How education can strengthen the rule of law


Public trust in institutions is in decline, and institutions need to grow out of their traditional roles and forge a new engagement model that puts people at the centre, according to the Edelman Trust Barometer.

The new joint publication by UNESCO and UNODC Strengthening the Rule of Law through Education: A Guide for Policymakers explores the role that education institutions can play in promoting the rule of law and building new forms of engagement based on global citizenship, human rights and inclusion -- all of which are vital to take forward the Sustainable Development Goal 4 on education, at the heart of the 2030 Agenda for Sustainable Development.

Why is it important to promote the rule of law through global citizenship education?

Education institutions have an important role to play in forging this new engagement model with young people and in cultivating a sense of shared responsibility for our common future.  This is why a key pillar of global citizenship education is learning about the rule of law.

The rule of law is essential to develop trustworthy institutions and relationship of mutual trust in institutions, by ensuring they are held accountable, transparent and accessible to all. Promoting the rule of law requires systems, such as governance and justice that safeguard human rights and also citizens that are empowered to participate and engage constructively in society.

Education systems that uphold and promote respect for the rule of law, in adherence with international human rights and fundamental freedoms, nurture mutual trust between learners and public institutions. Moreover, education that adheres to the principles of the rule of law can help develop learners’ ability to critically understand essential elements of accountability, equality and fairness. For instance, schools can model a culture of transparency by having a policy of sharing school data with the public (open school data).

Promoting the rule of law through education also helps learners acquire the knowledge, skills, values and attitudes they need to contribute constructively to society. It allows them to positively shape public institutions and their policies, thereby encouraging non-violent and peaceful avenues of civic engagement.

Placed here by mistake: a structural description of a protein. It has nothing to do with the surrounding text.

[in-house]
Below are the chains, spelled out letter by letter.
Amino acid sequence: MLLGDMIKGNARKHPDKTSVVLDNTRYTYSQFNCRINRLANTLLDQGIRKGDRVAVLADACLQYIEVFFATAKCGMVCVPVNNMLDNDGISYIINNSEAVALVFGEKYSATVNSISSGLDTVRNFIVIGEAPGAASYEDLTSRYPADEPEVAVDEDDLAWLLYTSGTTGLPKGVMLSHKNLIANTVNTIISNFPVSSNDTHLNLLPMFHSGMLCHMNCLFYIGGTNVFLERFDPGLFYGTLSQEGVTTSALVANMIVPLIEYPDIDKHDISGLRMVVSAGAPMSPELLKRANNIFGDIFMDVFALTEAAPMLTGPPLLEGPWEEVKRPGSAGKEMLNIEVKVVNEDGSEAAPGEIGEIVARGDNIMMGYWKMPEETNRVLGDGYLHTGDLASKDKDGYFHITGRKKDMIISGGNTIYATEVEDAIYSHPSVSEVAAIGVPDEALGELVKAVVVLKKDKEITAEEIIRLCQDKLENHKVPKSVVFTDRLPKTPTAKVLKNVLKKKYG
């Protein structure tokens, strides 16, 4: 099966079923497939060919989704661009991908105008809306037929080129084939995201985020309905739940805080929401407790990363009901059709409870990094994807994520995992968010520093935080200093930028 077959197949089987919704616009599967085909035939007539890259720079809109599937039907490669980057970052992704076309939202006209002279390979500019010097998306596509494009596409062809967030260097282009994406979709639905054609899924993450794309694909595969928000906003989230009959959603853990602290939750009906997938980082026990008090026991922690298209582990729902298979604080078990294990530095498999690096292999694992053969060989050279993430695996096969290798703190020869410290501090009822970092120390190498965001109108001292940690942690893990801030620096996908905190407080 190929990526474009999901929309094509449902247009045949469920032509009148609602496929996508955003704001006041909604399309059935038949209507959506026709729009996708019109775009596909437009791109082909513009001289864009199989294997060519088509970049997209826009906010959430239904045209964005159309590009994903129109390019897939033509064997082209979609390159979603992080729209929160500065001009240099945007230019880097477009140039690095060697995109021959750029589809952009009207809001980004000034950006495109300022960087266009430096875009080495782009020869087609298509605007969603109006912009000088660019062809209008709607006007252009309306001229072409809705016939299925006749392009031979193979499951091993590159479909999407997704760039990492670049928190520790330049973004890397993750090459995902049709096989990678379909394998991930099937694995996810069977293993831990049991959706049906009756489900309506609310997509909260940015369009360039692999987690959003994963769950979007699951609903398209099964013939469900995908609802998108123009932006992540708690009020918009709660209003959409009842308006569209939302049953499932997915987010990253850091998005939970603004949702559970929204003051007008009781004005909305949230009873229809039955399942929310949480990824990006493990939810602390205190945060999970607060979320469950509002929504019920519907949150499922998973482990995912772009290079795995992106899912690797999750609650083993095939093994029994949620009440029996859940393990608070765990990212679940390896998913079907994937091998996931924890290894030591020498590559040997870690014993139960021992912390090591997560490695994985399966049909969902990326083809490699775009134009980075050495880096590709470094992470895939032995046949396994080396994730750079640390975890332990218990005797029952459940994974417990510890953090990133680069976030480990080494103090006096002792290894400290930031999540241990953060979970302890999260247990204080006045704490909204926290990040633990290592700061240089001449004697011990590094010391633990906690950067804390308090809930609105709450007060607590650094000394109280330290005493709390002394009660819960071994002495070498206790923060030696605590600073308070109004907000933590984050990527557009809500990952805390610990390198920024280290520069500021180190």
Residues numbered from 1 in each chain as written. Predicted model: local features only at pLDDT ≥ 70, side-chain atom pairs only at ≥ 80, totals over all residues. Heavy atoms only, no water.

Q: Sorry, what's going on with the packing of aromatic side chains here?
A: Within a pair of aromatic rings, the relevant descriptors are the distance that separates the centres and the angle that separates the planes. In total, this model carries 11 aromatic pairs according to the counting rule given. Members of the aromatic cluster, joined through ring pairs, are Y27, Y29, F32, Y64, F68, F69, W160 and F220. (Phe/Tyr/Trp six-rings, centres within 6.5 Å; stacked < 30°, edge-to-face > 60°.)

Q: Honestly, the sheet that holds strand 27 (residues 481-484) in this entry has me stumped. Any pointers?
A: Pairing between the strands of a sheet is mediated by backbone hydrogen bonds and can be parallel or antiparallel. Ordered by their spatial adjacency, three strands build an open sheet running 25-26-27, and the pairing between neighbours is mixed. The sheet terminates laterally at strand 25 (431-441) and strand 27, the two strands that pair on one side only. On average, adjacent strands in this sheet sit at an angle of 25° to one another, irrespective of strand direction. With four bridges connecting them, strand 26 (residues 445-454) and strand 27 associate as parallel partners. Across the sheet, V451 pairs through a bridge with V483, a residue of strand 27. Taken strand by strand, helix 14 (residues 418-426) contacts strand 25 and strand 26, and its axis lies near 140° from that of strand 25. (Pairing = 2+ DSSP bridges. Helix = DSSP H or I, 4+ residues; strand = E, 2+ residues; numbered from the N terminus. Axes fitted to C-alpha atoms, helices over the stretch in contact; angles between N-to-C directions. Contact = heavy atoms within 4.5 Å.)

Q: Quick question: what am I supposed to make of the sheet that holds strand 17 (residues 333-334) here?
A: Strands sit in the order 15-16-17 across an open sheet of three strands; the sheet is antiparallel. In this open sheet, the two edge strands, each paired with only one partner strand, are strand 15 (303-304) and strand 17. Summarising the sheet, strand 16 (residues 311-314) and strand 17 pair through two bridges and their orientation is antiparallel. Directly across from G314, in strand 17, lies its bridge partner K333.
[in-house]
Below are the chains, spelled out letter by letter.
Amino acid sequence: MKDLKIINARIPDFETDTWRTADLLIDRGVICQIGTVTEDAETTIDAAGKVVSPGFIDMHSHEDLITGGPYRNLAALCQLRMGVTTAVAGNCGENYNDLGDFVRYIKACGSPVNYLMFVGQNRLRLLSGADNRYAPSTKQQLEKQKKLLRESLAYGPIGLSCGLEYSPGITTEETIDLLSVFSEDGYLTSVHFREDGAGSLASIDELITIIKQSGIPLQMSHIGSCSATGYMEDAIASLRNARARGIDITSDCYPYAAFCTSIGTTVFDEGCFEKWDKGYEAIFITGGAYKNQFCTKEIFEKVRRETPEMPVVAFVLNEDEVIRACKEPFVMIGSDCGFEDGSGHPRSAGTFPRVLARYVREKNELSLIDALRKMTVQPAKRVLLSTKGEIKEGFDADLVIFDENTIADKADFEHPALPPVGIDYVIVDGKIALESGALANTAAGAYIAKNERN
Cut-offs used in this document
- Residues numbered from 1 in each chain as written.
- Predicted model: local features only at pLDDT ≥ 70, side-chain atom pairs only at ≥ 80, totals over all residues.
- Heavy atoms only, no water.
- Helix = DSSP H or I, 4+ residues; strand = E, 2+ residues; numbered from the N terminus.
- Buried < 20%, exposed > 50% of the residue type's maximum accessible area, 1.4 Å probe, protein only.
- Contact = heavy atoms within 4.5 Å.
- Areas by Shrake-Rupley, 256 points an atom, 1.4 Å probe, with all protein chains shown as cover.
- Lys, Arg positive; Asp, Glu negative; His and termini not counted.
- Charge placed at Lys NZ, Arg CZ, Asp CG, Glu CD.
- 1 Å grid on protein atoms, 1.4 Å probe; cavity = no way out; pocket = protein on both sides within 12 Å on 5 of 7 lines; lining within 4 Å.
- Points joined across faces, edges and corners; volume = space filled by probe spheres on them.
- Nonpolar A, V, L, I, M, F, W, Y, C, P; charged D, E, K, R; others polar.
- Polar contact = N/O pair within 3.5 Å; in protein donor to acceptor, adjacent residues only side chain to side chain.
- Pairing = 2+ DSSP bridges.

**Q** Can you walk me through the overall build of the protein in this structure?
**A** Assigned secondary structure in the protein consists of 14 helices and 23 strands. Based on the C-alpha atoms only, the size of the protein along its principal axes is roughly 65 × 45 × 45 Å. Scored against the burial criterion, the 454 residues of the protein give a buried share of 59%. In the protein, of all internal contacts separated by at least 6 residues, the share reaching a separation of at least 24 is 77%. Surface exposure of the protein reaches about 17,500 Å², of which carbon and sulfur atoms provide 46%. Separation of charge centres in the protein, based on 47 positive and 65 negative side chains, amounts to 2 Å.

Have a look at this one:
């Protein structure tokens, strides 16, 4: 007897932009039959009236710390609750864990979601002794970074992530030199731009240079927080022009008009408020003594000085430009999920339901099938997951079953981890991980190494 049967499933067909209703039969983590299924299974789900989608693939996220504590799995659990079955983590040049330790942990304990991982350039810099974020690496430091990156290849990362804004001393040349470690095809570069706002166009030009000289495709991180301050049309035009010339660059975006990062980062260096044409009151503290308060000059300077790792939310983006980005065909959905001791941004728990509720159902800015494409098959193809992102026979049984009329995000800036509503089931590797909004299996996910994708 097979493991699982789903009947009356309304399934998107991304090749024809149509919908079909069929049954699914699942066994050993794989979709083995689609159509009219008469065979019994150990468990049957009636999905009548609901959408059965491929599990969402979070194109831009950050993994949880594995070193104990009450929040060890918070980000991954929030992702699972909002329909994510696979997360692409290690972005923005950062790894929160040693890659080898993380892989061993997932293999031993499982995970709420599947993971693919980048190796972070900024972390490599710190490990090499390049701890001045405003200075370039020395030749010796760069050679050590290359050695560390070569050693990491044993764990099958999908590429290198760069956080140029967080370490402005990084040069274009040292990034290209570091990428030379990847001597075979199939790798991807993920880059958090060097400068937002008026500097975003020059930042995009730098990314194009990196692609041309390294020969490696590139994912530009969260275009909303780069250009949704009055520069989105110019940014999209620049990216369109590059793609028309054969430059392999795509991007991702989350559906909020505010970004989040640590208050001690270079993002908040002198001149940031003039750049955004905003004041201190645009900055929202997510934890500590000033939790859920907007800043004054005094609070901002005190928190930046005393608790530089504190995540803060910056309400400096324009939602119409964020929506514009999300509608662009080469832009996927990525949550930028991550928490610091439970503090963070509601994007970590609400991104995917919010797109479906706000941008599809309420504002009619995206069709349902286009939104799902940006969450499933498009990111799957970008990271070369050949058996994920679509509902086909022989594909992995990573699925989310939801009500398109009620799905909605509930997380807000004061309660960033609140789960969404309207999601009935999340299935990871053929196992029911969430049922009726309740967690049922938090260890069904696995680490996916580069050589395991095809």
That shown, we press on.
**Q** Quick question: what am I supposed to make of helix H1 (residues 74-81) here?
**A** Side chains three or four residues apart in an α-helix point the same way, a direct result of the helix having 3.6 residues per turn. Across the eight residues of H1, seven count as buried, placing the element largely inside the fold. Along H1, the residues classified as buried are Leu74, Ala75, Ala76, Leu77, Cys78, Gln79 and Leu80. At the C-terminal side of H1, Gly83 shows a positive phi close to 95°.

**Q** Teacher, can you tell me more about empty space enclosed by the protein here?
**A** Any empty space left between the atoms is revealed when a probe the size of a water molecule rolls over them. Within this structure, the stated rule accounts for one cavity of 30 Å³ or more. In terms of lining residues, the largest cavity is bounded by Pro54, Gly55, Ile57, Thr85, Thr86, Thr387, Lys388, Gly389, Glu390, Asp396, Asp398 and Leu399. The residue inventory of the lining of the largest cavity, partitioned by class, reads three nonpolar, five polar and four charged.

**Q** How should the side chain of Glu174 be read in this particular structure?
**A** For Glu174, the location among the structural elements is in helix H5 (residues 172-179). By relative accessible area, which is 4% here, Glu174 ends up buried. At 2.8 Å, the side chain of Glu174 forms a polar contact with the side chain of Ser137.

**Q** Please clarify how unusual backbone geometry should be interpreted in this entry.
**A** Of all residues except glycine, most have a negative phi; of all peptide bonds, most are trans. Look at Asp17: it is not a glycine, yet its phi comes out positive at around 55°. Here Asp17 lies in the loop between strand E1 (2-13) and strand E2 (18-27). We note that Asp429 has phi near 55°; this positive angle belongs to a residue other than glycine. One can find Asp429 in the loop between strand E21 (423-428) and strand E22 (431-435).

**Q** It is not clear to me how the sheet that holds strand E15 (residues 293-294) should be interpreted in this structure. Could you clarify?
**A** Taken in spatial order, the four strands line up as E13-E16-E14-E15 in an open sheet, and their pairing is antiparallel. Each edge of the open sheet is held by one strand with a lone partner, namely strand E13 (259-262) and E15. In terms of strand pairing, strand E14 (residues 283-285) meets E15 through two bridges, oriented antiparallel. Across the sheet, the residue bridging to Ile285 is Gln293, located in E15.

How can the UNESCO/UNODC guide help policymakers and educators?

Strengthening the Rule of Law through Education: A Guide for Policymakers is intended for education policymakers and other professionals working in the formal education sector, within and outside Ministries of Education, and who are seeking to promote the rule of law and a culture of lawfulness.

The guide may also be of interest to professionals working in non-formal education settings or other sectors – namely the justice, social and health sectors - in the area of crime and violence prevention, who are seeking to work more closely with the education sector.

In particular, the guide offers:

  • An explanation of key concepts, such as the rule of law and a culture of lawfulness, as well as outlining the role of education in upholding and promoting the rule of law;
  • Guidance on how the education sector is able to strengthen and promote the rule of law, for instance, by speaking to the real learning needs of children and youth, and by ensuring that places of learning “practice what they preach”;
  • A map of the necessary support systems needed to strengthen the rule of law at the school and classroom levels and outside formal education settings, including curricular support, classroom pedagogies, teacher training and development and school-family-community partnerships.

To address the needs of this diverse mix of education stakeholders and professionals, the guide blends both theory and practice, and draws on examples from around the world.

A unique partnership that adds value 

By combining their resources and expertise, UNESCO and UNODC are seeking to build the capacities of educators, teachers and policymakers to plan and undertake educational activities that empower learners to take constructive and ethically responsible decisions and actions in their daily lives that support justice, human rights and strong institutions to defend them.

The policy guide will be released as part of the WISE@Paris Forum on “Education Futures: Fostering Learning Societies.  The WISE@Paris Forum brings together teachers, policymakers, and influential experts from all sectors to build the future of education through empowerment and partnership.

In the framework of the WISE@Paris events, UNESCO, UNODC and WISE have joined forces in organising a panel session at UNESCO on Global Citizenship Education for Peaceful and Inclusive Societies, held on 20 February 2019 (4pm-5.30pm) at UNESCO headquarters.  

The session brings together a range of perspectives, to explore how education can foster ethically responsible citizens that actively contribute to building peaceful and inclusive societies.

Speakers include H.E. Mrs Erlinda Hándal Vega, Deputy Minister of Science and Technology, Ministry of Education, Science and Technology from the Republic of El Salvador, Professor Fethi Mansouri, Founding Director of the Alfred Deakin Institute for Citizenship and Globalisation at Deakin University, Australia and UNESCO Chair on Cultural Diversity and Social Justice as well as Ms. Onyinye Ough, Executive Director, Step Up for Social Development & Empowerment in Nigeria.

The event is organised in the context of the UNESCO/UNODC partnership, which aims to contribute to advancing the implementation of the 2030 Agenda for Sustainable Development, in particular Sustainable Development Goals 4 and 16, which call for quality education and the building of peace, justice and strong institutions.